Thu | Sep 21, 2017

Marked improvement in GSAT averages in Manchester

Published:Thursday | June 22, 2017 | 6:00 AMTamara Bailey
Tamara Bailey photo Christina Tulloch interacting with students.

Marked improvement in GSAT averages in Manchester

The disappointing results of last year were clearly enough to whip into shape the Grade Six Achievement Test (GSAT) co-ordinators and teachers at the different institutions in Manchester, as all the schools visited boasted improved averages and some of the highest grades in the different subject areas.

Campbell's Castle Primary School had 18 students who sat the exam, eight of whom earned scores high enough to get them a spot at their institution of choice.

"Our top boy is Sean Biggs, with an average of 97 per cent, and our top girl is Beyonce Brown, with an average of 99 per cent. She got almost-perfect scores in all the areas," said principal Owen Lambert.

Lambert acknowledged that while the national science average went down, the school's average was to 83 per cent, up from 78 per cent last year.

"Last year, our lowest-performing area was maths; we had a 67 per cent average, and this year it has jumped to 75 per cent. The overall average for the school is 80 per cent. We have worked hard, we have tried to do things differently and it has paid off."

Though a much smaller institution, the Campbell's Castle SDA Preparatory School is happy for the improvements they have seen from last year.

New principal at the institution, Cecile Forbes, reported that last year the top average at the school was 65 per cent, and this has improved significantly to 83 per cent this year.

"We sent up three students this year and the top student received the following scores: maths, 85 per cent; science, 92 per cent; social studies, 76 per cent; language arts, 86 per cent; and communication task, 10 out of 12. This year, the grade-six teacher worked extremely hard with the students. Our sessions even benefited several other students from different institutions, so we know our methods work," said Forbes.

Forbes told The Gleaner that a serious intervention programme that included the parents would be implemented in the coming year and preparation for the upcoming exams will begin this summer.

high achievements

Known for their high academic achievements over the years, the McIntosh Memorial Primary School was not to be outdone, having also experienced a boost in the school's overall average.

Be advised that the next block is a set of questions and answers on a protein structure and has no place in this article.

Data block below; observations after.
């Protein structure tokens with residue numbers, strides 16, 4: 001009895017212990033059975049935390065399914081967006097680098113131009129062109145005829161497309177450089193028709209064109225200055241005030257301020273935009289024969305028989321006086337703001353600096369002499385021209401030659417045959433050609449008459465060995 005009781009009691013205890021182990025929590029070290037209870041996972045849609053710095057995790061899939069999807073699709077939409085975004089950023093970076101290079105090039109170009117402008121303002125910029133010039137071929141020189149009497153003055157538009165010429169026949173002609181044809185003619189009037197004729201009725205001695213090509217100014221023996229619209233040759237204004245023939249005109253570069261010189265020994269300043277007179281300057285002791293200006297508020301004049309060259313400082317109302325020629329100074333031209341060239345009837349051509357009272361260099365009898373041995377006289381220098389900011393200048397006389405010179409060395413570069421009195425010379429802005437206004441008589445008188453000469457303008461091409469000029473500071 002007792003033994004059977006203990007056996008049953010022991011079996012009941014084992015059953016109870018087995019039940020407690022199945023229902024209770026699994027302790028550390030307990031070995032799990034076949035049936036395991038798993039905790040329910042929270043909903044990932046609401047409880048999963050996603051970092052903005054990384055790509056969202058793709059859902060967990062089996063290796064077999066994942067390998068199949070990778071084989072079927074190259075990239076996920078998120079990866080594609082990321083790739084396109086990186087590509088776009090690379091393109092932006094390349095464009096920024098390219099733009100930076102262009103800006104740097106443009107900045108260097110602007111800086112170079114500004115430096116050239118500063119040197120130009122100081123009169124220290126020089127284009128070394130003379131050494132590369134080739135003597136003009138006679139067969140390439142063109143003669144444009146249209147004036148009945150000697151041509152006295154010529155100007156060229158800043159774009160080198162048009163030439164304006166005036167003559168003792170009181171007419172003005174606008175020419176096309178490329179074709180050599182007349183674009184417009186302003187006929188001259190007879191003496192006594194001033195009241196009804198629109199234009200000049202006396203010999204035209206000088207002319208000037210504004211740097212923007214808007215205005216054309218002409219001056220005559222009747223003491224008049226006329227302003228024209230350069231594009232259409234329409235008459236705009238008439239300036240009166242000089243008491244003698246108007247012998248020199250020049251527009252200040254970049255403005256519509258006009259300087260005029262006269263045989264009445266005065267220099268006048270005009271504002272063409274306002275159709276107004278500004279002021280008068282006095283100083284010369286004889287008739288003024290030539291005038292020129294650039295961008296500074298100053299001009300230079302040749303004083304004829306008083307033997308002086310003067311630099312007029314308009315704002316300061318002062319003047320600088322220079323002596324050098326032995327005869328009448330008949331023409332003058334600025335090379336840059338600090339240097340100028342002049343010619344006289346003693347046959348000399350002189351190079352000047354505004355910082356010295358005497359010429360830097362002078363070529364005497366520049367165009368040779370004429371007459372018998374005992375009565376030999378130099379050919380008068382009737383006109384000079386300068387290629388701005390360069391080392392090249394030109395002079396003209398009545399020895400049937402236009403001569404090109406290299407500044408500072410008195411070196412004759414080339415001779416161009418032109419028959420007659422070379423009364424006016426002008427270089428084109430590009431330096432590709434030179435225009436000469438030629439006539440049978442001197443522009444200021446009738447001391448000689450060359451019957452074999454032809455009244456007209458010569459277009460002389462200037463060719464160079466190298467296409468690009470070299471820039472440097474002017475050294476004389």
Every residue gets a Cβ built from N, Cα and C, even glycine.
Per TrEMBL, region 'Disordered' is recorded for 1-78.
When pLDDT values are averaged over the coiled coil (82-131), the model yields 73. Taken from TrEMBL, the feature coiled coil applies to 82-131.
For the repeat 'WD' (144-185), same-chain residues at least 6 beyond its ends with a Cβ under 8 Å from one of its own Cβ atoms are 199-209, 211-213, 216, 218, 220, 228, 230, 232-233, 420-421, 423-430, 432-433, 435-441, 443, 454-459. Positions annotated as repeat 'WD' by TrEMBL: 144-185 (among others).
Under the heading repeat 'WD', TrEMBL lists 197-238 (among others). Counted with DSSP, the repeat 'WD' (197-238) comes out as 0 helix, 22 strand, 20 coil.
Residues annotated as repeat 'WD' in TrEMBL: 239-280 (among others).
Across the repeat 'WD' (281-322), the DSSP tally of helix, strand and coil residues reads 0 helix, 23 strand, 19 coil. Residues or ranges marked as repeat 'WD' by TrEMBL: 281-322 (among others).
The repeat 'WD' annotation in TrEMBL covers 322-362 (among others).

Acting principal Vyonnie Whines and senior vice-principal and GSAT coordinator Althea Holiness revealed that the school is not yet where they want it to be, but they are proud of the accomplishments of the students and are committed to working tirelessly to improving the process.

"Our overall average for this year is 73 per cent, moving from 69 per cent last year. We had 203 students sitting the exam and all were placed in high schools,"said Whines.

With approximately 80 students earning spaces at traditional high schools, Whines revealed that the majority of the students otherwise placed had averages that could secure them a place in any traditional high school.

"We had some slow learners and we did our best to work with them. They would have got special support. We took into consideration their home environment. We would have done home visits and we would have done a needs assessment for them. As they move on to their new schools, we are liaising with the guidance counsellors there so they don't become frustrated in the system and frustrate the system," Whines added.

At Yabnel Care Centre, the overall average last year was 85 per cent and this has moved to 87.2 per cent.

"This year, we have an improvement in all areas except maths. Math, 81.3 per cent; language arts, 89 per cent; science, 89.3 per cent; social studies, 90 per cent; and communication task remains the same, 10 out of 12," said grade-six teacher Christina Tulloch.

Tulloch revealed that the improved grades were as a result of frequent pop quizzes, educational games that she created, and constant dialogue with parents.